A recent poll has determined that 15% of respondents would give up their ballot in the next Canadian federal election in order to be able to cast one in the American presidential race. There have been a couple of commenters blaming that on the overwhelming media coverage of the race, and I’ve heard a few people shaking their heads and calling it some kind of crisis of national pride. Which is why I tend to appreciate this comment, by a guy identified only as Nathan from Alberta:
I’m rather bemused by some of the posts here. We all know how much Canadians (in general) despise Americans. We’re SO much better than they are. In fact, if asked to describe what it means to be a Canadian, most Canadians choose to contrast themselves to Americans….I hear so often about “arrogant Americans,” but my observation, both in this forum and elsewhere, is that we are “self-righteous and superior Canadians.”
The poll also determined that a large percentage (over half) of Canadians think that the US is a negative force in the world, and I suspect this commenter is fuming over that when he refers to our despising of Americans. But I do think he’s got a point in looking at how we keep thinking that bigger and more public must necessarily have a bigger impact on our lives. And obviously, the results of the US election will make a far greater difference to a far larger number of lives than anything that could ever happen in Canada. But you know…think globally, act locally and all that. There is something of an arrogance to wanting to be a small fish in a big pond, partially because I’m assuming it has at least something to do with assuming that eventually you’ll be a big fish. To paraphrase Stephen Colbert, maybe we can fix America!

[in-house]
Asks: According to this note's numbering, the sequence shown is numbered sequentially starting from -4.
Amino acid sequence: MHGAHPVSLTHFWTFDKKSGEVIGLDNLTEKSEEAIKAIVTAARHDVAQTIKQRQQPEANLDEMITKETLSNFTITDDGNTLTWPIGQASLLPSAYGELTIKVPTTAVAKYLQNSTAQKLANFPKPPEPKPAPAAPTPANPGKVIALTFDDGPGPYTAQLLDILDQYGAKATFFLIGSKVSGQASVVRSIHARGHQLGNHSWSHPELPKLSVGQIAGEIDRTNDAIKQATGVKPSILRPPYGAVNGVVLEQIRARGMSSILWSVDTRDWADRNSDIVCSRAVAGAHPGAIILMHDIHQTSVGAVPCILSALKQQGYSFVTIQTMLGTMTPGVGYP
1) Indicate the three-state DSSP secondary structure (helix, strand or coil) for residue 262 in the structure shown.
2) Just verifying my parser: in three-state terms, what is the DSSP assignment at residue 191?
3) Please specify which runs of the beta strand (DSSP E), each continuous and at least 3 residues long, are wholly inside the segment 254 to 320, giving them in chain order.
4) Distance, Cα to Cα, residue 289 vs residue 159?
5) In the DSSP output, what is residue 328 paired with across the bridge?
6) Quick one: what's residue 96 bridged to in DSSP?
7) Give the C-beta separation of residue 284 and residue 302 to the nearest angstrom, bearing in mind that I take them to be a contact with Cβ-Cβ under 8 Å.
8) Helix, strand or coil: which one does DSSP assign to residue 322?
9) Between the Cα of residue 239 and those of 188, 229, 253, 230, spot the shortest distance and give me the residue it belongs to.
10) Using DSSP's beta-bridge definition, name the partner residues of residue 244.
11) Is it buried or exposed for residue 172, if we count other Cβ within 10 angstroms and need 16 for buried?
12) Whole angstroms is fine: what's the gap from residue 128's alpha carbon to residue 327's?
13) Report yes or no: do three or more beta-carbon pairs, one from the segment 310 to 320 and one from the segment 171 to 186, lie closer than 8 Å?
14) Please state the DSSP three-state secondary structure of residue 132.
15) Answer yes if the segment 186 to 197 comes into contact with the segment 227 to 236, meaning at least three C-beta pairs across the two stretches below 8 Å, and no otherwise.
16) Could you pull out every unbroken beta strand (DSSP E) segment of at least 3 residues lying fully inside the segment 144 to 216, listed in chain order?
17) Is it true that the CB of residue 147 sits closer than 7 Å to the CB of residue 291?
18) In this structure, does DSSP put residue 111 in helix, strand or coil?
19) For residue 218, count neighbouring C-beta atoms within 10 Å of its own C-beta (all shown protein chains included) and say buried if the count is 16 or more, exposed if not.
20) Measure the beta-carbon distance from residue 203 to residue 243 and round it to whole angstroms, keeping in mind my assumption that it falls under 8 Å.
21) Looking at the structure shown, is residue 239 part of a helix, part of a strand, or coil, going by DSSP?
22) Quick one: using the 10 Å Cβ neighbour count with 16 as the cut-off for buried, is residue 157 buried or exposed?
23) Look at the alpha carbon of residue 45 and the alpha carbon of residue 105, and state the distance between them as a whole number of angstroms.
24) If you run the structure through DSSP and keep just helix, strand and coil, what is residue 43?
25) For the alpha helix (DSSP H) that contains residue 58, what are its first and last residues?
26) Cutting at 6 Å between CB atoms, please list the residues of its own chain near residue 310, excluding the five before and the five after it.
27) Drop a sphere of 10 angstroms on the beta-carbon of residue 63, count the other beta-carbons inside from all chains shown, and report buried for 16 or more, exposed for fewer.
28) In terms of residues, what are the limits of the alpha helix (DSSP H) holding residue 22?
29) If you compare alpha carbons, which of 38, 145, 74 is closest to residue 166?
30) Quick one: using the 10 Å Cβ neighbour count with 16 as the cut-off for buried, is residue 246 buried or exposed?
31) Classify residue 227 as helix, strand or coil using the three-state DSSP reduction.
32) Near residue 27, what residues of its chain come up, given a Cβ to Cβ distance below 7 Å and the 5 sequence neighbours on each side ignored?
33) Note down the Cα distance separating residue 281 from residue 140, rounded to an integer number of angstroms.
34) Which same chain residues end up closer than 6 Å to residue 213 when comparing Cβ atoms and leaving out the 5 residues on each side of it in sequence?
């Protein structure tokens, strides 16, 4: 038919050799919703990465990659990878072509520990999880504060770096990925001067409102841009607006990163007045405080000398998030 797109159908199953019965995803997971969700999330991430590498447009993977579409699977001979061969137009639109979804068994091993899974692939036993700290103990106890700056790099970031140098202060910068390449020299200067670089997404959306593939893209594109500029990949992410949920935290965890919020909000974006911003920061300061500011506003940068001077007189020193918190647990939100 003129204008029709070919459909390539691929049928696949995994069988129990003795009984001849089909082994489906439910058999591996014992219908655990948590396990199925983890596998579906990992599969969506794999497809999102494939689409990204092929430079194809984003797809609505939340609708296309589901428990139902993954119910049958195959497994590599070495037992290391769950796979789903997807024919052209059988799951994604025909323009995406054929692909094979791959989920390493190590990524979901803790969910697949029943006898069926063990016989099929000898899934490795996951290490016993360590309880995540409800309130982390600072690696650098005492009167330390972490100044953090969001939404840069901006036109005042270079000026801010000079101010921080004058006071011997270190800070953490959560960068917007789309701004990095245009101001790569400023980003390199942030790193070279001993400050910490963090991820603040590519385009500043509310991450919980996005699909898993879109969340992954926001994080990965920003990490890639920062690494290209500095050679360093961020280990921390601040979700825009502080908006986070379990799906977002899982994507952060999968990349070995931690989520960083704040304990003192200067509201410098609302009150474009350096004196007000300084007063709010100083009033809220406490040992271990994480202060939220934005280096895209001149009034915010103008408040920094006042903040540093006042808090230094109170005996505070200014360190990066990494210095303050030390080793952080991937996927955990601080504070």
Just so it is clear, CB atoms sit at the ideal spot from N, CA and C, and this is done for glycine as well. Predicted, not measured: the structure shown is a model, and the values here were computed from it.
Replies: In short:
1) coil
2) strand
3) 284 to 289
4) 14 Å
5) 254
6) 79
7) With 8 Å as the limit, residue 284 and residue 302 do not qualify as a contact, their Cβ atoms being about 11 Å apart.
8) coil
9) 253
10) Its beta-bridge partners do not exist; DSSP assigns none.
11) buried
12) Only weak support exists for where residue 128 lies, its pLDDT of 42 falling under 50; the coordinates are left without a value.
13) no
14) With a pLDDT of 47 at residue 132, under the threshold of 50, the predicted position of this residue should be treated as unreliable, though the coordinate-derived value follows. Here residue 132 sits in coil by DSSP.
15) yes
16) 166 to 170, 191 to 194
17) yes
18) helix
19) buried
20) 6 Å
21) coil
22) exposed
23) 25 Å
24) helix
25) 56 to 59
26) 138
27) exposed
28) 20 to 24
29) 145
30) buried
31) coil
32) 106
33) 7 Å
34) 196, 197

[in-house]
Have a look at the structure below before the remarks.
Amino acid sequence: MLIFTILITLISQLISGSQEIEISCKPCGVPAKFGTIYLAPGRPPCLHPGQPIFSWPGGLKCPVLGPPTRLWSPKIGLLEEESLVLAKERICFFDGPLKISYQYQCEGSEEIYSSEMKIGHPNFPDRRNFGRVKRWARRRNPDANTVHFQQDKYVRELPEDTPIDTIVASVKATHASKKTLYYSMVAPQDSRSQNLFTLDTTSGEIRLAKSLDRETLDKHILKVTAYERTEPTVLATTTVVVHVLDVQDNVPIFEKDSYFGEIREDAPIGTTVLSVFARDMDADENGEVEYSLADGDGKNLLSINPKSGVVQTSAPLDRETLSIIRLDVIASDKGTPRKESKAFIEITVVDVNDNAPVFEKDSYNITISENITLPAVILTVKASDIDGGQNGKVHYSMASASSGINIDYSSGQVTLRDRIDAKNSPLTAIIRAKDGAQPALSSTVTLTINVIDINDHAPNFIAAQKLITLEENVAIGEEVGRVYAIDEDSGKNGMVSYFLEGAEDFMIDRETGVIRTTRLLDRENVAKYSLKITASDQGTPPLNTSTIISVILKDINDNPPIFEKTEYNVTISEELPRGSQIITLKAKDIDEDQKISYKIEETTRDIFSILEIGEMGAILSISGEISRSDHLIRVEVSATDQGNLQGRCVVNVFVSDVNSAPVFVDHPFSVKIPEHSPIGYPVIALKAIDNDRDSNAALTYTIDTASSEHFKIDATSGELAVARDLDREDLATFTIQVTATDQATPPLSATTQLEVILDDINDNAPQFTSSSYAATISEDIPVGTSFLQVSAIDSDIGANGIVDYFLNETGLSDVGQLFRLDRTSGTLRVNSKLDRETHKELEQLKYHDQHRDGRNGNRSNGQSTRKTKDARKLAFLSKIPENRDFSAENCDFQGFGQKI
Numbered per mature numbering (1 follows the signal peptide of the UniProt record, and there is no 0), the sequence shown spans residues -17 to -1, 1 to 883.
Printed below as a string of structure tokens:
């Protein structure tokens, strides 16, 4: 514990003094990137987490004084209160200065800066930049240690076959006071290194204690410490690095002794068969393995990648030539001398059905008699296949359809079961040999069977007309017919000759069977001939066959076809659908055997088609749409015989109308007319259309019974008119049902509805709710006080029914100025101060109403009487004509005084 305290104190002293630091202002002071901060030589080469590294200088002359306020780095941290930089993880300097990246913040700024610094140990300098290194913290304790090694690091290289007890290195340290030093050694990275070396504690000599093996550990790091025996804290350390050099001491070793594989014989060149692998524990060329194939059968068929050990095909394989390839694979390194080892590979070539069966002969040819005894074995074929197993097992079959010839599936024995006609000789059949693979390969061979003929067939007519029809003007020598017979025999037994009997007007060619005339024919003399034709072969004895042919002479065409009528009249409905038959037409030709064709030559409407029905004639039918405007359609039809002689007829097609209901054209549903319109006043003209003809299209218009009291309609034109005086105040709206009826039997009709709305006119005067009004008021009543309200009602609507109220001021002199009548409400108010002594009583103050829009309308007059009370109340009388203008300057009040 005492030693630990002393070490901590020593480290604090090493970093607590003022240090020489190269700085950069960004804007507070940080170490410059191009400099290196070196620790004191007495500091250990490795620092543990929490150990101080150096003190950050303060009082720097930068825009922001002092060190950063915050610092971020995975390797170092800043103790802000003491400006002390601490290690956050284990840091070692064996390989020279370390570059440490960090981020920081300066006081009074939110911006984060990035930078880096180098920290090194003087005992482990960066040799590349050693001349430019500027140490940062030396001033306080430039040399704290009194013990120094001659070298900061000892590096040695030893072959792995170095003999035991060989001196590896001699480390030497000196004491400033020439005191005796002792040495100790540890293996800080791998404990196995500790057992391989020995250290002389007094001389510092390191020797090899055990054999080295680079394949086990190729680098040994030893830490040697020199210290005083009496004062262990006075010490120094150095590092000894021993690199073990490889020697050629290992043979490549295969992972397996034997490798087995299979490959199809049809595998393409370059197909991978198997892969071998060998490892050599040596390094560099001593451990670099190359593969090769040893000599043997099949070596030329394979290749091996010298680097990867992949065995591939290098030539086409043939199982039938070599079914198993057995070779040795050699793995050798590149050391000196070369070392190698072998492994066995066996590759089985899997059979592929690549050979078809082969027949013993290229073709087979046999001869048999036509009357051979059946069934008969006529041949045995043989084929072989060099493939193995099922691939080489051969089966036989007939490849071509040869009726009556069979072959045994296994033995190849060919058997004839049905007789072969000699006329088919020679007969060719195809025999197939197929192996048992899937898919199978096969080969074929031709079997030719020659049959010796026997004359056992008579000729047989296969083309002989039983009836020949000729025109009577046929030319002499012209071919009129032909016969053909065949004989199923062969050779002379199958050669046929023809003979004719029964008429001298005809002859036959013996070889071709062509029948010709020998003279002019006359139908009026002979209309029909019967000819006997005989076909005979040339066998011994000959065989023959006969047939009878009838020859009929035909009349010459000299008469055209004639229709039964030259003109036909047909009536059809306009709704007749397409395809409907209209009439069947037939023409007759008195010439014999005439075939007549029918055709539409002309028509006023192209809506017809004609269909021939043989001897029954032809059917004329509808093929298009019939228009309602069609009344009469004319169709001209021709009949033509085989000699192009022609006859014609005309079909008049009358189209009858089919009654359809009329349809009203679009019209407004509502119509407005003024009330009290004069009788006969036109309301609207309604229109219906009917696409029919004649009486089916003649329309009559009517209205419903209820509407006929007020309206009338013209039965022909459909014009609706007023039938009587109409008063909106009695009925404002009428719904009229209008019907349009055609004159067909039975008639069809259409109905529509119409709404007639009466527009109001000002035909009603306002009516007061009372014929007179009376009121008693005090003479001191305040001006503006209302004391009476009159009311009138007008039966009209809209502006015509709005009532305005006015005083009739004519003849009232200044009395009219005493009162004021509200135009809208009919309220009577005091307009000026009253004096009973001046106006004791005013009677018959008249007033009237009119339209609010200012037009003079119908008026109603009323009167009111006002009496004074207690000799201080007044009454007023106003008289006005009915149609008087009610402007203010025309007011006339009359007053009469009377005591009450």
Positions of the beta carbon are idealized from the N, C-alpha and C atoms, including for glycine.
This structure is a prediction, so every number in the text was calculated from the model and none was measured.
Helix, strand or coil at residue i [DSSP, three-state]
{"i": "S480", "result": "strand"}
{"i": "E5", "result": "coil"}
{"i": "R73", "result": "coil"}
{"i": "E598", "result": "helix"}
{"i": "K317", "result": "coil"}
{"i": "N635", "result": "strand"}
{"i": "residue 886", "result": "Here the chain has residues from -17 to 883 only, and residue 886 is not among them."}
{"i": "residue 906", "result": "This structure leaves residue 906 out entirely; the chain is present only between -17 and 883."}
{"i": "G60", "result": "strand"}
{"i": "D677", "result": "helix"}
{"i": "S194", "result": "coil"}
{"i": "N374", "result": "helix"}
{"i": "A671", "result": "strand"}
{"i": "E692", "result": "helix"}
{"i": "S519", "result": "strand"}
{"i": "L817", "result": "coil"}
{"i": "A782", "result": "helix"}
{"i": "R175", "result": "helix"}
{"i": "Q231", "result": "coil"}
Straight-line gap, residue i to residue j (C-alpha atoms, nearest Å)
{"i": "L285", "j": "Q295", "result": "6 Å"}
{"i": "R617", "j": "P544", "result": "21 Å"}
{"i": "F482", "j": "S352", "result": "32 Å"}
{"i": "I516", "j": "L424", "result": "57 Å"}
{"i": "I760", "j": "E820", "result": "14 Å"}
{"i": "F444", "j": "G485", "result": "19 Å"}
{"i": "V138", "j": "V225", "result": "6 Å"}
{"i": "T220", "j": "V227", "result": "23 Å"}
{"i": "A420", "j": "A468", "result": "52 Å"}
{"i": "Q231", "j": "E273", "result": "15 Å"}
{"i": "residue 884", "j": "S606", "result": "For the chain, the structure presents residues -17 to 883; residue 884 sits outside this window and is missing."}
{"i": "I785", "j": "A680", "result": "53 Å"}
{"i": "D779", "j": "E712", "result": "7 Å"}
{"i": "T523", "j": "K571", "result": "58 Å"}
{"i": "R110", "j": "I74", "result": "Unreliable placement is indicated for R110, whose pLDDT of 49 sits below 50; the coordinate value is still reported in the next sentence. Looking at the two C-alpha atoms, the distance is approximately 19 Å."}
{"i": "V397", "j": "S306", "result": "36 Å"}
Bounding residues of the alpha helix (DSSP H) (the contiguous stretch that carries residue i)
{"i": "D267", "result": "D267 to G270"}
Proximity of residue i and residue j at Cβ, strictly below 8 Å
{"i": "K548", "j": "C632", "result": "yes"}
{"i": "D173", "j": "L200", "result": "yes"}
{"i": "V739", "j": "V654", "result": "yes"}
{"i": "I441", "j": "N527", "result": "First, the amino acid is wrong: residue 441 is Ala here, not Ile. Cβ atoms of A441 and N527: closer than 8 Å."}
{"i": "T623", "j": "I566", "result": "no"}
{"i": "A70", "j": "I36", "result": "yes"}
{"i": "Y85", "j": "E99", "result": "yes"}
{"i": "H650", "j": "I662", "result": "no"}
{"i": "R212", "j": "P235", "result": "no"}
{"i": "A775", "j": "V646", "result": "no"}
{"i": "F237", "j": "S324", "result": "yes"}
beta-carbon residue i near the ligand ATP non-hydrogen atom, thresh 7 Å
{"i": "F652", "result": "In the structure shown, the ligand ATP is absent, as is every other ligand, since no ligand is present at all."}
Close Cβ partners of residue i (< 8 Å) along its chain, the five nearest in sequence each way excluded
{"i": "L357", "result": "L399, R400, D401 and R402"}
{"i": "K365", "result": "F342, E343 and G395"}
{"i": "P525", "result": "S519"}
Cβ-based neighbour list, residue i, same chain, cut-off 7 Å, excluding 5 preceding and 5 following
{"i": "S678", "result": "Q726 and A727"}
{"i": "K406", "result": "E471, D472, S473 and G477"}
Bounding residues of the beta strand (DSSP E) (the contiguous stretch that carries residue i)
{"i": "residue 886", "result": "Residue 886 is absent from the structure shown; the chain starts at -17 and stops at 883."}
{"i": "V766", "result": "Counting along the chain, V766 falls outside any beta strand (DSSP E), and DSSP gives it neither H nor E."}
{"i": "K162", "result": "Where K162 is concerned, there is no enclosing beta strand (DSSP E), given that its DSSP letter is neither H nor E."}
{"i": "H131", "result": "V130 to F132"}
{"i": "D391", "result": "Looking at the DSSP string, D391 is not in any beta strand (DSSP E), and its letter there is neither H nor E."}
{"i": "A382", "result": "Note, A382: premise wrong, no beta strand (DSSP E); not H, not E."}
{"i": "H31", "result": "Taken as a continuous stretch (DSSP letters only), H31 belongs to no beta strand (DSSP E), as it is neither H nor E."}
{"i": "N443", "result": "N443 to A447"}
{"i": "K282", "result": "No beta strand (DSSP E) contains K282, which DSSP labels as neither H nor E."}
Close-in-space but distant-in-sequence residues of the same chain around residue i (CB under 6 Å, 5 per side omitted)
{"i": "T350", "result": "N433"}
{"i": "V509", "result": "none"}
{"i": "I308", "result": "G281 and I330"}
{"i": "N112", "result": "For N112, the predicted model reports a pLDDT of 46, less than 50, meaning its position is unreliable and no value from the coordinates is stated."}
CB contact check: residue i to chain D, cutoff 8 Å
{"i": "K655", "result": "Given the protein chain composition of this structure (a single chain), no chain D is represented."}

And what’s the thing the Americans are mentioning about us these days? Well, it’s a week old, but apparently “Canadian” is the latest racist euphemism. I’ve seen a couple of hypotheses as to why, including one that attributes it to the name of a river in Texas that sounds quite similar to “Canada”, but what’s left of my linguist brain tends to assume that it takes too many steps backwards to make that one work (not least because at some point, even if you are thinking initially of the river, you have to make the leap to referring to people with the same derivation that we use for actual Canadians). That residual linguist brain is pinging a little more strongly with a point made in the National Post article, which hypothesizes that it’s based on a sense of Canadians as the “other”.
I’d go a step further and suggest that it’s actually based on a sense of Canadians as completely and totally innocuous and irrelevant. Nobody can be offended to be called “Canadian”, because it’s kind of like calling you a stuffed animal. It will go absolutely unnoticed to be speaking in negative terms about anyone using the term “Canadian”, because what could be wrong with Canadians? I think in order to “other” a group, one actually has to care that the group exists, develop some characteristics that must be attributed to/projected onto that group, a bunch of features that one can describe the self as “not”. For all the blather in the NP and whatever other Canadian media outlets have noticed this story, the word has absolutely nothing to do with Canadians.
This is one seriously messed up codependent relationship we’ve got going on, here.